Another critique queried whether this campaign might lead to giving women “Timeless freedom to file complaints against such harassment's at any point in their lives…”

I do not subscribe to either of these two contentions, but do feel society at large would do well to reflect.

At present, at the closing in on the fourth week of this #MeToo Movement in India, what we are seeing is a no holds barred trading of legal charges and counter charges between fairly well known personalities such as actors Nana Patekar and Tanushree Dutta, Actor Alok Nath Vs Vinta Nanda (Nath has rejected the notice of the Indian Film and Television Directors Association (IFTDA), forcing it into considering stronger actions), Film Director Sajid Khan Vs Saloni Chopra, Karishma Upadhyay, Simran Suri and Rachel White (He too has rejected the IFTDA notice).

Film Director Subhas Ghai is facing a charge of harassment from an anonymous person as too singer Kailash Kher and actor Rajat Kapoor. Board of Control for Cricket in India (BCCI) CEO Rahul Johri has been asked to proceed on leave by the Committee of Administrators (COA) to legally resolve his alleged sexual harassment case reportedly at Discovery TV, and so on and so forth. Point being that there is currently no sphere of activity, be it politics, media, sports or entertainment that has not been singed by #METOO.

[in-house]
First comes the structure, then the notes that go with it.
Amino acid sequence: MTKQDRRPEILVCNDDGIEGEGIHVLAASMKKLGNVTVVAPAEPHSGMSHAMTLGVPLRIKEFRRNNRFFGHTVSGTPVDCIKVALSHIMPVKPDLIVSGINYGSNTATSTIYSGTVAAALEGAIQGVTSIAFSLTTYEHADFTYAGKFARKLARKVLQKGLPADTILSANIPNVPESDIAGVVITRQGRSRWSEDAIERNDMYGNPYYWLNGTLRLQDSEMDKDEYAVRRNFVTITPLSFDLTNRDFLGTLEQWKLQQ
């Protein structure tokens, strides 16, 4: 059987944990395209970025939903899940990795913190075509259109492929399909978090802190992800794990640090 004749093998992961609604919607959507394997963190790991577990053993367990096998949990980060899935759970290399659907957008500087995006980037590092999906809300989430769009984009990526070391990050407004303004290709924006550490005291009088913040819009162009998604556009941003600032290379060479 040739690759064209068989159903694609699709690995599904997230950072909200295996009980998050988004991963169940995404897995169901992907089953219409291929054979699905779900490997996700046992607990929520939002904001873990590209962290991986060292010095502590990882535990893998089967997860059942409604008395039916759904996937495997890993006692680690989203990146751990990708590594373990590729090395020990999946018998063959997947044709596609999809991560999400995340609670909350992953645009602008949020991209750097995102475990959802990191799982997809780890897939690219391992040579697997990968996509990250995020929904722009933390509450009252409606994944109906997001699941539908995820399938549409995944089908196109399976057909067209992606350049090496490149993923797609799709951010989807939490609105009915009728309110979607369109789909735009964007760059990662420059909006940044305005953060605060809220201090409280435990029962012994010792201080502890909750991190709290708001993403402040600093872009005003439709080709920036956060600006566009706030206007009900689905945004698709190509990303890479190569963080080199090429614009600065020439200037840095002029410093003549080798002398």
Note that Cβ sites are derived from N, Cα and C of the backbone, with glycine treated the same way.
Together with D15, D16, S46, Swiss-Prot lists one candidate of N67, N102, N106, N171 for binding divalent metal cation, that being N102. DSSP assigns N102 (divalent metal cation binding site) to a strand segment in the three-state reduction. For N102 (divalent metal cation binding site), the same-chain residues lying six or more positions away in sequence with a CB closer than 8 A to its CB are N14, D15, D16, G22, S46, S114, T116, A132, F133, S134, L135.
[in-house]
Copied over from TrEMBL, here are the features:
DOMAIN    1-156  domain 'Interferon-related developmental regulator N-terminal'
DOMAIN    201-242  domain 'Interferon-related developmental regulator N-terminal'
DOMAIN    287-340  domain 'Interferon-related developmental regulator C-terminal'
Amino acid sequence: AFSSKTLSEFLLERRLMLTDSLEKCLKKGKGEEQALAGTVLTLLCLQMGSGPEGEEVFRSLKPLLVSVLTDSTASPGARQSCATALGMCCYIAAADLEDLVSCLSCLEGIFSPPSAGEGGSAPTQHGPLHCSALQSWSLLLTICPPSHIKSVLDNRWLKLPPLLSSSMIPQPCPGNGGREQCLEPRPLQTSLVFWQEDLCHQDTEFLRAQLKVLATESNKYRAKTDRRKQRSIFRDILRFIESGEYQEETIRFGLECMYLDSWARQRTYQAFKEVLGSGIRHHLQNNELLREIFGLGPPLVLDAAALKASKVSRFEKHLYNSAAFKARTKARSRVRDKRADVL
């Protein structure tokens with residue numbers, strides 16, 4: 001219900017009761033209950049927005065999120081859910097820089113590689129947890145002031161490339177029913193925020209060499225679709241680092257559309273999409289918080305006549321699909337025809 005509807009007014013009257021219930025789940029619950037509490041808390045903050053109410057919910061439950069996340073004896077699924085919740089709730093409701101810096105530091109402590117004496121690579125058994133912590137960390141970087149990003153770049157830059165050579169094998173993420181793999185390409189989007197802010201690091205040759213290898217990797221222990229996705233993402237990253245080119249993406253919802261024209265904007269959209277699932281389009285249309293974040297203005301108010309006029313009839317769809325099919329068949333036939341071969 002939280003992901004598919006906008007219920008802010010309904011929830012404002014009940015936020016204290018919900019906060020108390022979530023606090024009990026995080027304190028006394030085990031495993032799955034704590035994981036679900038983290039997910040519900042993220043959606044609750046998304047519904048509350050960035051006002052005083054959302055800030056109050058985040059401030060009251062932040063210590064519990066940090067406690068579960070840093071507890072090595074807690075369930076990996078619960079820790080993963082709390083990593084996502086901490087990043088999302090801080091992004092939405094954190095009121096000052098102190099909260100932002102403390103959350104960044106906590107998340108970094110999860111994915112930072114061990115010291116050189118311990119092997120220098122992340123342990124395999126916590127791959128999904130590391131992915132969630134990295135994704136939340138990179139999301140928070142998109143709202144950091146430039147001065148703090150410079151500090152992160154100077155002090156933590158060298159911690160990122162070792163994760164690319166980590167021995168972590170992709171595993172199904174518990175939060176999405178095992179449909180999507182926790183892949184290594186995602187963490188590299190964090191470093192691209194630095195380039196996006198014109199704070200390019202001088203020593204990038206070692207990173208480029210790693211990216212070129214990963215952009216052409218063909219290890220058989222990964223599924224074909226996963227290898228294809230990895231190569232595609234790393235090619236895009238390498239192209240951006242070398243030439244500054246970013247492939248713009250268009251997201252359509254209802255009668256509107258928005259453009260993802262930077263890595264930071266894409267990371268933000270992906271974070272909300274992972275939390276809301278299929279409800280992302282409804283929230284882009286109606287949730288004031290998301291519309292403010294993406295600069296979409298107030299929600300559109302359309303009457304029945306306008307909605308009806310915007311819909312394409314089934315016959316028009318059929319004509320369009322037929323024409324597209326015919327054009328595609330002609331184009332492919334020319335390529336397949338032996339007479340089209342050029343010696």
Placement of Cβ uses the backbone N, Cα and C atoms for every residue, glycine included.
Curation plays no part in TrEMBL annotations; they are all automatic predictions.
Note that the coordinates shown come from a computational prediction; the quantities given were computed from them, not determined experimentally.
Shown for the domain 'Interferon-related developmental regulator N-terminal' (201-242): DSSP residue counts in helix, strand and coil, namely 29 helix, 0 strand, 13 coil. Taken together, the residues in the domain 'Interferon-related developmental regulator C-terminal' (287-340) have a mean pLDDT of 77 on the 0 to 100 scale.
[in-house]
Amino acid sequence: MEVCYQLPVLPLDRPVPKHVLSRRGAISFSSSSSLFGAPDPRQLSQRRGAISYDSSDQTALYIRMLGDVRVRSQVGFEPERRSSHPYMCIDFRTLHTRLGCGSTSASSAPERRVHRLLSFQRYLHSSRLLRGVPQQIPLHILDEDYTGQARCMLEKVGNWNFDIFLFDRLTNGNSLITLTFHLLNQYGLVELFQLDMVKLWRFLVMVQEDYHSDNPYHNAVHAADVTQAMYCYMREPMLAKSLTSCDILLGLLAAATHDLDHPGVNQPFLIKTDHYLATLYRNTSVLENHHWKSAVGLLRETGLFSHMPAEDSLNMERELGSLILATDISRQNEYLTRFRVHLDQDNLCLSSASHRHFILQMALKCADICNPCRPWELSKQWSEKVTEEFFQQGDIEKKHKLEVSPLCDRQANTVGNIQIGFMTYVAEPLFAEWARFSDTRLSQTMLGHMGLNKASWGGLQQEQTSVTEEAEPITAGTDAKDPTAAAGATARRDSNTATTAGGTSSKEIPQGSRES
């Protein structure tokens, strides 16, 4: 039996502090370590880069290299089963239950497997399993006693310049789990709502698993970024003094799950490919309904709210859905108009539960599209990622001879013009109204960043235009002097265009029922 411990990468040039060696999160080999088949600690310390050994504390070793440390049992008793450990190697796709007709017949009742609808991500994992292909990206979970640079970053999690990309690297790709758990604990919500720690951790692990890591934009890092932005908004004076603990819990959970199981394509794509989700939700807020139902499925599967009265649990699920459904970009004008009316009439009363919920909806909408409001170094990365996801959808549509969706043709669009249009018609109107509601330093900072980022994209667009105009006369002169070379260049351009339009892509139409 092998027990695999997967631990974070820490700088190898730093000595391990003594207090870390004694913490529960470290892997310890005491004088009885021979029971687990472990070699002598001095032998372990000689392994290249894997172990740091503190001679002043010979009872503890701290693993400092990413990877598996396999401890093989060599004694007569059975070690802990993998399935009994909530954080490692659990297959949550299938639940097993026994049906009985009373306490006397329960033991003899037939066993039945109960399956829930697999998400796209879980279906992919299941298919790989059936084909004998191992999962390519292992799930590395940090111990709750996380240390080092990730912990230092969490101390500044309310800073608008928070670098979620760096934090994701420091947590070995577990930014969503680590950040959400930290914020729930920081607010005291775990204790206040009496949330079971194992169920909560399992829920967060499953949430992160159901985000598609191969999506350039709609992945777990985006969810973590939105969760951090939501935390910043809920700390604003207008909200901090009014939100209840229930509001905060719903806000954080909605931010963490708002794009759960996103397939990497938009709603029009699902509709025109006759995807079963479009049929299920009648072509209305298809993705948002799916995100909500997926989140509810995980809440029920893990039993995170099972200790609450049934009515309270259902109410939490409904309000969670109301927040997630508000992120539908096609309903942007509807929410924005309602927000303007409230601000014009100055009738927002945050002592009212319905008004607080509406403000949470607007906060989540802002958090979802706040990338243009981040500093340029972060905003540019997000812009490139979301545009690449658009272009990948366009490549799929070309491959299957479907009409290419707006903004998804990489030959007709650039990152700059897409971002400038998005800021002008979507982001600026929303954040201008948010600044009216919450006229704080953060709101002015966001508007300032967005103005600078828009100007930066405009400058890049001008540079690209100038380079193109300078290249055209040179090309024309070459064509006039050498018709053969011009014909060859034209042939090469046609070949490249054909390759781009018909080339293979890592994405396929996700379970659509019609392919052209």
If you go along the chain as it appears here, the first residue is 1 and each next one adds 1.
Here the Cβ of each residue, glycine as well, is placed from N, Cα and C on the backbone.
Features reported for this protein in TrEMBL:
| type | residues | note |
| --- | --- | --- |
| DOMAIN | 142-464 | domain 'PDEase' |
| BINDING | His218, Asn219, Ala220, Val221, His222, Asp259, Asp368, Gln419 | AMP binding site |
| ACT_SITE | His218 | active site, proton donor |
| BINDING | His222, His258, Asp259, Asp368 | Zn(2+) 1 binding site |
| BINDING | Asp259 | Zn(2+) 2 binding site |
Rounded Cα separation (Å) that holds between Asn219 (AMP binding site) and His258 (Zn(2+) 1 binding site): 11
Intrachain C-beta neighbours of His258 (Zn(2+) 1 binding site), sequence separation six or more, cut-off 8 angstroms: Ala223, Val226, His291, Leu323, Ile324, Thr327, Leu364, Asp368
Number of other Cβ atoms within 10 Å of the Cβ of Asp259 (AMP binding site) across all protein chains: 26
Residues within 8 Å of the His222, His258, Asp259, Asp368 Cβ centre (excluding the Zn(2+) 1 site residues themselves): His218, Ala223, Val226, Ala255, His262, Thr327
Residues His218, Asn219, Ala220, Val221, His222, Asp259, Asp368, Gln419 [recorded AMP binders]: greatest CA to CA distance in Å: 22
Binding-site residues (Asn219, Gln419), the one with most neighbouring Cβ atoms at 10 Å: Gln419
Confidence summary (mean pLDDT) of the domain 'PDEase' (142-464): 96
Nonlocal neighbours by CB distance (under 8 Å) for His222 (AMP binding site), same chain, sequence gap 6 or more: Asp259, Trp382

Where do we go from here? One article in an English daily says that the #METOO movement essentially has its roots in the West (Harvey Weinstein et al, or even traces it further back to the time when black feminism was at its peak in the United States. The article says “#MeToo has finally arrived in India, let us take a cue from this context that it is undoubtedly ‘Western’, yet instructive for its intersectional roots…. The lesson from our own movement and that of the West is the same: that sexual harassment is dictated not only by sex or gender, but also by factors like people’s race, caste, religion, colour, region, age, disability and sexuality.”

 

Editorials published in The Hindu and The Hindustan Times recently had predicted that Akbar’s continuance in the Union Cabinet would become “untenable” and that he “ should have done the only right thing in the circumstances—resign”.

The Hindustan Times editorial said earlier this week that while every individual was entitled to legal remedy, “The Government of India is the country’s largest employer… and would have done well to have set an example…. It should surely have robust mechanisms in place to ensure that its male functionaries don’t cross any red lines or, at least, to address allegations of the kind that have been made… This was an opportunity for the government to show that it means business when it comes to protecting womens’ rights. So far, India’s largest organisation has failed in this respect.”